Everyone, including Republicans, knows this is happening; even the walk-back acknowledges the process will be exactly the same. It’s just confusing to see it play out. The left doesn’t set the terms of the agenda as a general rule. That rule has been broken.

But it hasn’t been fully broken, and there’s one more bit of work for progressives. The fact sheet on the bipartisan bill still includes privatization schemes as one of the revenue-raisers. That means that old infrastructure will be sold off to pay for new infrastructure, and that private financiers will be given concessions to run common assets for decades. Wall Street is salivating over this idea, seeing it as their “big wish granted.” Trump unsuccessfully sought this, and Biden is close to succeeding. This could lead to sales of the Tennessee Valley Authority, Washington Dulles International Airport, and much more.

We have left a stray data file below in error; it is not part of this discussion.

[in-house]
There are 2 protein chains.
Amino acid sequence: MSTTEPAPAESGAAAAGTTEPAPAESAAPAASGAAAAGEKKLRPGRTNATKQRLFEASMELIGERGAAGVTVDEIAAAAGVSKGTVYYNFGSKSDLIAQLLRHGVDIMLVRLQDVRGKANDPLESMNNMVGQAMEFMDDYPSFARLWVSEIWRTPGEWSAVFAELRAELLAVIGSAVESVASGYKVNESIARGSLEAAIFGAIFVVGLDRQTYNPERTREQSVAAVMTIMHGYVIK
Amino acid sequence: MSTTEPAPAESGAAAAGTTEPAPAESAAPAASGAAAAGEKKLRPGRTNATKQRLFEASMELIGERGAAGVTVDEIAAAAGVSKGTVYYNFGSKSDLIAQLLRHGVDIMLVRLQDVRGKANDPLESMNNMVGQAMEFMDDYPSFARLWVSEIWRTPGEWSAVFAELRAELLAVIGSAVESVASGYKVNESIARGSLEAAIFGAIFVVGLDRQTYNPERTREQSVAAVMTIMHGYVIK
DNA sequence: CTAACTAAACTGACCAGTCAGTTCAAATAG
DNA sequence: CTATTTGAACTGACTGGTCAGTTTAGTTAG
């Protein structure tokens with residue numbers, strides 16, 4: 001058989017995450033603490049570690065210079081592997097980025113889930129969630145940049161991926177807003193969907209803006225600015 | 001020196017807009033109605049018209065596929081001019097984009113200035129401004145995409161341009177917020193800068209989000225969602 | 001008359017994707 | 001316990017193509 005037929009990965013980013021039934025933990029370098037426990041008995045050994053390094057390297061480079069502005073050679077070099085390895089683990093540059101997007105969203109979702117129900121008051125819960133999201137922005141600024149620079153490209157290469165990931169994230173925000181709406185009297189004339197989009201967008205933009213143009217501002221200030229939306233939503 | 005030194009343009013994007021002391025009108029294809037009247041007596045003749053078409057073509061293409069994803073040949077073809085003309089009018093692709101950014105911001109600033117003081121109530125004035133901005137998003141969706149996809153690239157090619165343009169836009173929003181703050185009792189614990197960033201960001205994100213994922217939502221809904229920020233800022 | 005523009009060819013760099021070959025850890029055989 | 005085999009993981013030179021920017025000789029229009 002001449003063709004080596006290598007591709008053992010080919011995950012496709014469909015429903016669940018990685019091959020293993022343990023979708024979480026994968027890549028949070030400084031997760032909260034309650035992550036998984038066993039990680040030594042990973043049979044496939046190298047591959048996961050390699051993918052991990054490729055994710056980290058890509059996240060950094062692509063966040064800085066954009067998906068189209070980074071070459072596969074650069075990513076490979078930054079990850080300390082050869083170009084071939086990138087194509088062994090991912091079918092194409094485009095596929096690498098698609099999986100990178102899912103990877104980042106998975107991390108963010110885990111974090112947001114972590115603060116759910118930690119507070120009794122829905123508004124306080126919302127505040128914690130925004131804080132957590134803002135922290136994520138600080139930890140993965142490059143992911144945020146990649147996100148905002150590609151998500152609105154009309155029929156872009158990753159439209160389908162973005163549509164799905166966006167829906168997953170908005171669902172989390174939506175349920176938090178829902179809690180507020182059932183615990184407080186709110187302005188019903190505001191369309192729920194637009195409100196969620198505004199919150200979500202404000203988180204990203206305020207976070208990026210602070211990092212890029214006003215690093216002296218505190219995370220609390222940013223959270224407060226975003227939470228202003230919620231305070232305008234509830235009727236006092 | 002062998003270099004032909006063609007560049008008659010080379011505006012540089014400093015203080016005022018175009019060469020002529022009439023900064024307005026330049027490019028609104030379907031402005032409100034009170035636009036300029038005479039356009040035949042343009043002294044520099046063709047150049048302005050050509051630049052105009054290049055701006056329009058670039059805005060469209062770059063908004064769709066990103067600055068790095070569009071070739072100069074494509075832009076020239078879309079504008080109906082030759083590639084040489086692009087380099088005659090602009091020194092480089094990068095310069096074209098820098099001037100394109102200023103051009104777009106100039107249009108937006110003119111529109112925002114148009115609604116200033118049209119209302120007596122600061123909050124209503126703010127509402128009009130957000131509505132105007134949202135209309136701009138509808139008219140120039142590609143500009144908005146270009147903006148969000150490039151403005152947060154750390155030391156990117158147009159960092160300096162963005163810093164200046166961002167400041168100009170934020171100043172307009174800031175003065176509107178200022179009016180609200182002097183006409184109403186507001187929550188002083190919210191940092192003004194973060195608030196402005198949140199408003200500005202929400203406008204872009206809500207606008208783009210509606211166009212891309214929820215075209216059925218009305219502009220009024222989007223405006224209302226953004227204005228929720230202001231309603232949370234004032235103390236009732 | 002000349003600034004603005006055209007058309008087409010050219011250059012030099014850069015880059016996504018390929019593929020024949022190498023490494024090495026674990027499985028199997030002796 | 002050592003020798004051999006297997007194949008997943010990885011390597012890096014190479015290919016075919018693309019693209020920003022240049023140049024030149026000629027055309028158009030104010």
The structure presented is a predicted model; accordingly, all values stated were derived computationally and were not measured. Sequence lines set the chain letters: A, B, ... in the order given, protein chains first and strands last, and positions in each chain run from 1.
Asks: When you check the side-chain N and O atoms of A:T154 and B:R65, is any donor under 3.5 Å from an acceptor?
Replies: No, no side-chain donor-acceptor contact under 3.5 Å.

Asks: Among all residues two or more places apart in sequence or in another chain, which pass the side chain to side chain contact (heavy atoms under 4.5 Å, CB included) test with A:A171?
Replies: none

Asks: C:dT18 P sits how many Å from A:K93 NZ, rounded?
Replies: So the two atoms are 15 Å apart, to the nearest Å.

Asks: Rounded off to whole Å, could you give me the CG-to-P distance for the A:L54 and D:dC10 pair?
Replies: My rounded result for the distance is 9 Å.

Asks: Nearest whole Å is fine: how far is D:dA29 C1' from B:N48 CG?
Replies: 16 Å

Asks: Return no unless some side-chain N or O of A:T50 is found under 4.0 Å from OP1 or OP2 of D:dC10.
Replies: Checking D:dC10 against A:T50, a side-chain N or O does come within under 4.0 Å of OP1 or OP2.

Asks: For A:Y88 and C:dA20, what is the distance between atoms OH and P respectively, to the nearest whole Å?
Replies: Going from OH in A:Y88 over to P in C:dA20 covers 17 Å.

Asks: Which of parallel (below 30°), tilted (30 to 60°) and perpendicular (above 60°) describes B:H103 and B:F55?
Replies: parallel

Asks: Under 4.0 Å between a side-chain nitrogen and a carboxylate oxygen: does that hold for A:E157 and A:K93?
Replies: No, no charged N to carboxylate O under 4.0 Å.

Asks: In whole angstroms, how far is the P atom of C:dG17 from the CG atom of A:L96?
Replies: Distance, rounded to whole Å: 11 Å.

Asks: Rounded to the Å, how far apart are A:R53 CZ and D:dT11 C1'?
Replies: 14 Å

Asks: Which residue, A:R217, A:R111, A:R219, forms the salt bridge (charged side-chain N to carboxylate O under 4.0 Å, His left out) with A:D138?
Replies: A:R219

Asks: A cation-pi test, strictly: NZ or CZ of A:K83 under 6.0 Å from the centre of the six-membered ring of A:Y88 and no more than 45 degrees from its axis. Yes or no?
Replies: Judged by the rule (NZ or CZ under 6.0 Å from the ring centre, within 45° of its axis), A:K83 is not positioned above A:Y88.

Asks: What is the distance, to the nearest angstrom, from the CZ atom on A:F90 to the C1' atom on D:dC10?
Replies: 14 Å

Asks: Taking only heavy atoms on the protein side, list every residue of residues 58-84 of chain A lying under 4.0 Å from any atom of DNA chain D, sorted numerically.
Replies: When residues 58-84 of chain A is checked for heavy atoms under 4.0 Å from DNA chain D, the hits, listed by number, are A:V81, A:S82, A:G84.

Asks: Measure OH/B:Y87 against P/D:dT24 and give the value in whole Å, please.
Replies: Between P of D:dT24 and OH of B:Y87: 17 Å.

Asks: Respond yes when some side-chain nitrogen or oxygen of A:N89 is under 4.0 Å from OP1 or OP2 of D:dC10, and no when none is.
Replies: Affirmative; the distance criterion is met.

A leaked breakdown of the revenue side states that $100 billion would be put toward privatization, which means that the sell-offs and concessions would generate that much revenue, which private companies would make back plus profit by charging users. It’s inarguable that this violates Biden’s vow to not raise taxes on people making under $400,000 a year. Privatization merely substitutes public tax collection for private tax collection, through toll roads or increased rates on privatized water systems. The taxation is typically more burdensome, and it absolutely falls on the non-rich. Beyond that, democratic control is handed over to the private sector on the infrastructure we use every day.